Board self-evaluations are now a requirement at many companies. But what’s the most effective way for directors to assess their own performance?
Board directors are facing increasing scrutiny. In the wake of the New York Stock Exchange’s own scandal with its former CEO Richard Grasso,1 the NYSE now requires the boards of all the companies it lists to conduct periodic self-evaluations. Furthermore, both Morningstar and Standard & Poor’s2 consider board self-evaluation as one criterion in their governance ratings of corporations. The practice has even become increasingly mandated in the nonprofit world. The National Association of Independent Schools, for example, currently requires the boards of private schools to conduct self-evaluations. And board directors in the United States aren’t the only ones feeling the pressure. In Finland, for instance, the boards of all public companies must routinely assess their own performance.3 Still, the practice is far from universal. NASDAQ, for one, does not currently require board self-evaluation of its members. Nevertheless, NASDAQ companies that do undertake board self-evaluation have the opportunity to get ahead of the curve and position themselves in the vanguard of good governance.
But what exactly is the best way for a board to evaluate itself? Unfortunately, board directors have generally had little guidance in this area. To investigate the different self-evaluation practices used, we studied eight boards that have engaged in self-evaluations for at least two annual cycles. We found that the companies were using a variety of practices for collecting data and for preserving the confidentiality of this information. The differences among these practices can be summarized by four distinct approaches to self-evaluation: informal, legalistic, trusting and systematic. Each of the approaches has important implications for a company’s board rating, directors and officers (D&O) insurance and various legal issues.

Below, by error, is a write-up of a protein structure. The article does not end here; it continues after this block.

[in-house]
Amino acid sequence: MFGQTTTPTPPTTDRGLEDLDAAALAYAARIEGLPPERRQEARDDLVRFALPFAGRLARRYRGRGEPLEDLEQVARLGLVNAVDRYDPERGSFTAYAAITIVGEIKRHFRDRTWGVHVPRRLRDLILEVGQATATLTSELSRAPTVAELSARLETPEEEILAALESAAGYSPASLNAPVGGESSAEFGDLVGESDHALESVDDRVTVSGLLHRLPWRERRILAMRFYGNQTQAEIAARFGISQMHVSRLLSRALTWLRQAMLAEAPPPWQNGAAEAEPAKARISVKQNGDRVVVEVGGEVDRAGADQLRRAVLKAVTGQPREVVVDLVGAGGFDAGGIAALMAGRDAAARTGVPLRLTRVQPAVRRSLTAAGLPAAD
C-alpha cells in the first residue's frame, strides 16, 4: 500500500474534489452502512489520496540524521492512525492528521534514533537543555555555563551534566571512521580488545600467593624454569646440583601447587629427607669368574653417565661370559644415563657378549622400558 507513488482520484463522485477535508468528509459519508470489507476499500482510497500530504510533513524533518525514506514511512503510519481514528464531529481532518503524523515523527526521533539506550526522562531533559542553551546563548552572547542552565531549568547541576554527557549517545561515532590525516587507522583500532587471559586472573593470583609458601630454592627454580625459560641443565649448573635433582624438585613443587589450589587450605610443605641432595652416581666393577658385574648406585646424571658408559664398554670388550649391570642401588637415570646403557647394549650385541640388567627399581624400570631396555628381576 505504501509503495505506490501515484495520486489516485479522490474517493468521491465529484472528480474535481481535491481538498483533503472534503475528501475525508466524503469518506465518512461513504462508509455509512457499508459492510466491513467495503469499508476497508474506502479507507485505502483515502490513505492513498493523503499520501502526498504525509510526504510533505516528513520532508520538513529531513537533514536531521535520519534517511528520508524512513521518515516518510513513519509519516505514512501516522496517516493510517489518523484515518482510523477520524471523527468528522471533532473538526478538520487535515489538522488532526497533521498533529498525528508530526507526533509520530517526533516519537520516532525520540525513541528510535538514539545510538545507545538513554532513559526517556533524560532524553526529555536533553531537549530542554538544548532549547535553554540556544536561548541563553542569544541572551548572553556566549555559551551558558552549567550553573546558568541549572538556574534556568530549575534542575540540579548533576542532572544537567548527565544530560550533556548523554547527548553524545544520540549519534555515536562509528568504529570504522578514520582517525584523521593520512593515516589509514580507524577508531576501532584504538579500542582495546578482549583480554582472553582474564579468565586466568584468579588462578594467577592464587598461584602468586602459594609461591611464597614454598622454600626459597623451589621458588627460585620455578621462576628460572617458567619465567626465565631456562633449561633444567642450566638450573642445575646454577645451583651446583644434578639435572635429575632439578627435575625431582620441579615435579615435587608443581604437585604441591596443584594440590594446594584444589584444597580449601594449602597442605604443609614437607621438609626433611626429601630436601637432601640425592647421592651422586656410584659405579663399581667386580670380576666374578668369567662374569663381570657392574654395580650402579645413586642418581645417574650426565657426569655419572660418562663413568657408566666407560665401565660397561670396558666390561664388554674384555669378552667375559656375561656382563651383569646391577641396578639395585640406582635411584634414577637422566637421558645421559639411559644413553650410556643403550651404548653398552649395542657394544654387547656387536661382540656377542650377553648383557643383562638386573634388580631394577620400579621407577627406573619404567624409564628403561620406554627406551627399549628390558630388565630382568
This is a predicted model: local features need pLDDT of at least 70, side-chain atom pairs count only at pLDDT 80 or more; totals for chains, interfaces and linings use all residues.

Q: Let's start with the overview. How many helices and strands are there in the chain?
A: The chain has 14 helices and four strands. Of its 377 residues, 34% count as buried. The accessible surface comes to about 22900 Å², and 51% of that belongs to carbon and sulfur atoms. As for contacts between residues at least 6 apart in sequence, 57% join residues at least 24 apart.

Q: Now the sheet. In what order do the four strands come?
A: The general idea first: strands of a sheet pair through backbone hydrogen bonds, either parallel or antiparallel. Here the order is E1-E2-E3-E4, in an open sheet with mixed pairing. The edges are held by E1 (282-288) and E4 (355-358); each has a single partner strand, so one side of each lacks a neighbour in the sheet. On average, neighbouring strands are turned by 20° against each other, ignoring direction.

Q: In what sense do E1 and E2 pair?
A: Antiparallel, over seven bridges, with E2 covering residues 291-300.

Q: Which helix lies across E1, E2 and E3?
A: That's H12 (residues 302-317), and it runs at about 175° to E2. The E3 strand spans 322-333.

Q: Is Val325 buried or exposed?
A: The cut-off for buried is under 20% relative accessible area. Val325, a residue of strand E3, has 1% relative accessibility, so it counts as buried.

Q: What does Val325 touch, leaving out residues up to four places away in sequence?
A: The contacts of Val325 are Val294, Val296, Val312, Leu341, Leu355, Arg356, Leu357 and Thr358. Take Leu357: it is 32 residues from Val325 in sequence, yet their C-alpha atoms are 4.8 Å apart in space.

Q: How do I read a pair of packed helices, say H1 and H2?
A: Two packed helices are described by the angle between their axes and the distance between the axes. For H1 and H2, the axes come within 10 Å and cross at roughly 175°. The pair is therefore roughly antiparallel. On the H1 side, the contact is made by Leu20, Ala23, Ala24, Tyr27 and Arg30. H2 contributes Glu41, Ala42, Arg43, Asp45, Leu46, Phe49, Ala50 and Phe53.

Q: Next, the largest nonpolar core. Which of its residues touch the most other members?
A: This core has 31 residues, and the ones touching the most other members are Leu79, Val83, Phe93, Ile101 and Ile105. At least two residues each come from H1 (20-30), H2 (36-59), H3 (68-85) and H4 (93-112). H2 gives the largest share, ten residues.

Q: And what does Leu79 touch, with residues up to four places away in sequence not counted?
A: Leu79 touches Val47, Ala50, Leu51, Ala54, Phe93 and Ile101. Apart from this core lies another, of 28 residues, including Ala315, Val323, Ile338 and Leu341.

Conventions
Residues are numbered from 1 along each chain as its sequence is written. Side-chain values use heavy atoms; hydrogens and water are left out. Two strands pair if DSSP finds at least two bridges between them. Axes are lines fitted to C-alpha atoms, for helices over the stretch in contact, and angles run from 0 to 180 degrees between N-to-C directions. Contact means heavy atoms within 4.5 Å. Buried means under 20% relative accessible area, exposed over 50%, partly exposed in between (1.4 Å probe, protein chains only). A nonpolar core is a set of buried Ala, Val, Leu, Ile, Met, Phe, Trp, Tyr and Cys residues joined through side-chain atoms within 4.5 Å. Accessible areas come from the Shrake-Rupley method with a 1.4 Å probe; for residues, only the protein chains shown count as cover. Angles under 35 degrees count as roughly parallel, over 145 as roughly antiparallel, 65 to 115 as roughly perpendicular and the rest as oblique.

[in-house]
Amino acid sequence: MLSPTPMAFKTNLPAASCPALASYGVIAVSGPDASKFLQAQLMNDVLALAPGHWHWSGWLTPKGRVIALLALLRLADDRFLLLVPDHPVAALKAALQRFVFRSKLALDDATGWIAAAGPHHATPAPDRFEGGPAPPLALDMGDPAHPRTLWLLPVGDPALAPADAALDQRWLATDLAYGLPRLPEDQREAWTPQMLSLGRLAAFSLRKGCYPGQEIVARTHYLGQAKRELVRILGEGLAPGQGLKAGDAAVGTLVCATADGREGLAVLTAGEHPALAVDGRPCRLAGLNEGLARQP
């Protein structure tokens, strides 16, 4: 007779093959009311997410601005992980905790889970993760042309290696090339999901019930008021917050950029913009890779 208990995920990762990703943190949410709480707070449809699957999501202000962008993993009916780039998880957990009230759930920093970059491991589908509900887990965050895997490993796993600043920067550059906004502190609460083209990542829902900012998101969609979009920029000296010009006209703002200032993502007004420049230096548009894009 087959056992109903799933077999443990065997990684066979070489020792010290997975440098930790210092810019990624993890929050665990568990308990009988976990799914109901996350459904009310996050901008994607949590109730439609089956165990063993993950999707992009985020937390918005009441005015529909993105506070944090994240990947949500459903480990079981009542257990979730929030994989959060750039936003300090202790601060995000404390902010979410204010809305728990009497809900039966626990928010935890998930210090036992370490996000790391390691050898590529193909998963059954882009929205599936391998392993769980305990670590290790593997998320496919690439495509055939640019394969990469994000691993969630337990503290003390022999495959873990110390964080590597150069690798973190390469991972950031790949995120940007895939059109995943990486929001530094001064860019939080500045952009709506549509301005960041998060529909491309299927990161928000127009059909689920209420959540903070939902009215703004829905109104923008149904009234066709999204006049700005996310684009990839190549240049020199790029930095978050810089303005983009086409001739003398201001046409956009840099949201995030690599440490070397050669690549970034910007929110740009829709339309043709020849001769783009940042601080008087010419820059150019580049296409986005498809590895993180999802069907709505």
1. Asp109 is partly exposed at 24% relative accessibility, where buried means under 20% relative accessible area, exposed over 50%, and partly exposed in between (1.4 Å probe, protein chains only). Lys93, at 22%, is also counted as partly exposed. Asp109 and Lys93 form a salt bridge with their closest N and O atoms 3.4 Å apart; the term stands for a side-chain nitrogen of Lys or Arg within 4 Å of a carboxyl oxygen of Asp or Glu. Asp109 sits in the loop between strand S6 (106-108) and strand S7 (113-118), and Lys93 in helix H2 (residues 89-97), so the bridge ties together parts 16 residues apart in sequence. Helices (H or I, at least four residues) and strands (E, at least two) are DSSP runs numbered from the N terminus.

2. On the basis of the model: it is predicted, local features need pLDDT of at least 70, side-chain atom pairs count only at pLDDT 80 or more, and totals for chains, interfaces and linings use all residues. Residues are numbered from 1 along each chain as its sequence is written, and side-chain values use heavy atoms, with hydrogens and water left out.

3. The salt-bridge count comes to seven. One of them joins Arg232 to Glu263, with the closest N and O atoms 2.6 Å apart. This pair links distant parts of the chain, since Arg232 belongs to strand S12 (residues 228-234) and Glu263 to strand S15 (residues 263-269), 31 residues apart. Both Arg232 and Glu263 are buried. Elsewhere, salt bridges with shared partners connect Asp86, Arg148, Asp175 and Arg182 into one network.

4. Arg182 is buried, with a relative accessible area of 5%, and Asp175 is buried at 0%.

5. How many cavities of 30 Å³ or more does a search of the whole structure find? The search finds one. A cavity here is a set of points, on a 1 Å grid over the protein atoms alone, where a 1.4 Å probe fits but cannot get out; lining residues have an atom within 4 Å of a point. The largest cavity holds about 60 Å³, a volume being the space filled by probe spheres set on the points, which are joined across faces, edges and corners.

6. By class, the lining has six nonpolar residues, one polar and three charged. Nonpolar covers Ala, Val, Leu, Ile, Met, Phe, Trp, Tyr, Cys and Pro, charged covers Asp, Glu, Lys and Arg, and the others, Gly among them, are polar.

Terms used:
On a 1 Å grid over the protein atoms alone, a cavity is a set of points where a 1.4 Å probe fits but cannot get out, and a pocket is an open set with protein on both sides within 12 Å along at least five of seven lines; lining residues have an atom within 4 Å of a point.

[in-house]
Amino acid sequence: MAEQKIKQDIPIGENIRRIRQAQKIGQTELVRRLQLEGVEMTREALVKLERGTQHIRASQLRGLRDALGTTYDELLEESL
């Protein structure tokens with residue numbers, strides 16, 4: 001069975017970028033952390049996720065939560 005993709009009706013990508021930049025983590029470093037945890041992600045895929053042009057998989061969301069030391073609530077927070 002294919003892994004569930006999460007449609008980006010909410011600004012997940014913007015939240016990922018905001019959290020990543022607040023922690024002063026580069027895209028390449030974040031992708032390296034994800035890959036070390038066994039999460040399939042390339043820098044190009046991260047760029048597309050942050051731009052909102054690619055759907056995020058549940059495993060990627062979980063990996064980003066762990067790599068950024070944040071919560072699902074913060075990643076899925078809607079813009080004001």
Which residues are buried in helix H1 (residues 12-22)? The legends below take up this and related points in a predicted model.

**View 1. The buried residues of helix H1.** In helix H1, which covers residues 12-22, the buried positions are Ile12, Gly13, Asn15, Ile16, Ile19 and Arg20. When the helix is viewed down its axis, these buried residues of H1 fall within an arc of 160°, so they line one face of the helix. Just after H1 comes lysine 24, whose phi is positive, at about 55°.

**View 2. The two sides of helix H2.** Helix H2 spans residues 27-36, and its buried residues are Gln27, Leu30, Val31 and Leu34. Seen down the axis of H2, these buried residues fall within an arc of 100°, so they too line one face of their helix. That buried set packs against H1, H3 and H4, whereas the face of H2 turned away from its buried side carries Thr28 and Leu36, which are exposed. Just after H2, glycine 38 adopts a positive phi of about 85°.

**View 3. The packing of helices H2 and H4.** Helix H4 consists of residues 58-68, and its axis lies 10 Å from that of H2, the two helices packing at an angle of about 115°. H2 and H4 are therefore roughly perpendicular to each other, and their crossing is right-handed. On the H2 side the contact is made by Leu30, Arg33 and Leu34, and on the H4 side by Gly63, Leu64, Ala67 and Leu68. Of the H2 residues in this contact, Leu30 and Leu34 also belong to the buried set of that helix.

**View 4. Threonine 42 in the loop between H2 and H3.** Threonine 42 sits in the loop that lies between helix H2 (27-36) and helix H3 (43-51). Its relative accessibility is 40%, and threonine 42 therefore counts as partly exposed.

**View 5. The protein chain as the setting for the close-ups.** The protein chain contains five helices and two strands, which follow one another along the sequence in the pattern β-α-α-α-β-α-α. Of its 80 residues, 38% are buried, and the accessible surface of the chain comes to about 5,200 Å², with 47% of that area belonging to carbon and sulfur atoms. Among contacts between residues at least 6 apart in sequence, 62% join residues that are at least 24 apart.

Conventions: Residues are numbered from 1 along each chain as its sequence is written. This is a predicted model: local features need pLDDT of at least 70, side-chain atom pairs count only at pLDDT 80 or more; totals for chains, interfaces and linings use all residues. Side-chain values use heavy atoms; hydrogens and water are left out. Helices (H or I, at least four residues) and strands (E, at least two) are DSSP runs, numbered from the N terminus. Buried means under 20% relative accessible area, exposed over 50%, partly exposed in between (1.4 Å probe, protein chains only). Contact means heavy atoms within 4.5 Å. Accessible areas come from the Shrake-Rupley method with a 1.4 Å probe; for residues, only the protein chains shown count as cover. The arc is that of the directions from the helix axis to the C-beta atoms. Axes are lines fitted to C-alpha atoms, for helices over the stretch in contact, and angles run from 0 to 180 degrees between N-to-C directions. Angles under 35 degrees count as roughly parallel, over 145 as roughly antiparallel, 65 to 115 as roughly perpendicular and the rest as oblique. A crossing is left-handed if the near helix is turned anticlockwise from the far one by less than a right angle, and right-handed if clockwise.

In a 2004 survey conducted by Korn/Ferry International, 72% of board directors indicated that their performance ought to be evaluated. Yet only 21% of the boards of public companies actually conduct such assessments. Part of the problem is that organizations often don’t know how best to implement a board self-evaluation procedure. Many simply avoid the practice because they fear alienating individual directors. Others have implemented the process only to become frustrated because it took so much time and produced so few results.
According to James Doty, a partner at Baker Botts in charge of the international law firm’s board self-evaluation program, companies need to address two core governance dilemmas when implementing any self-evaluation procedure.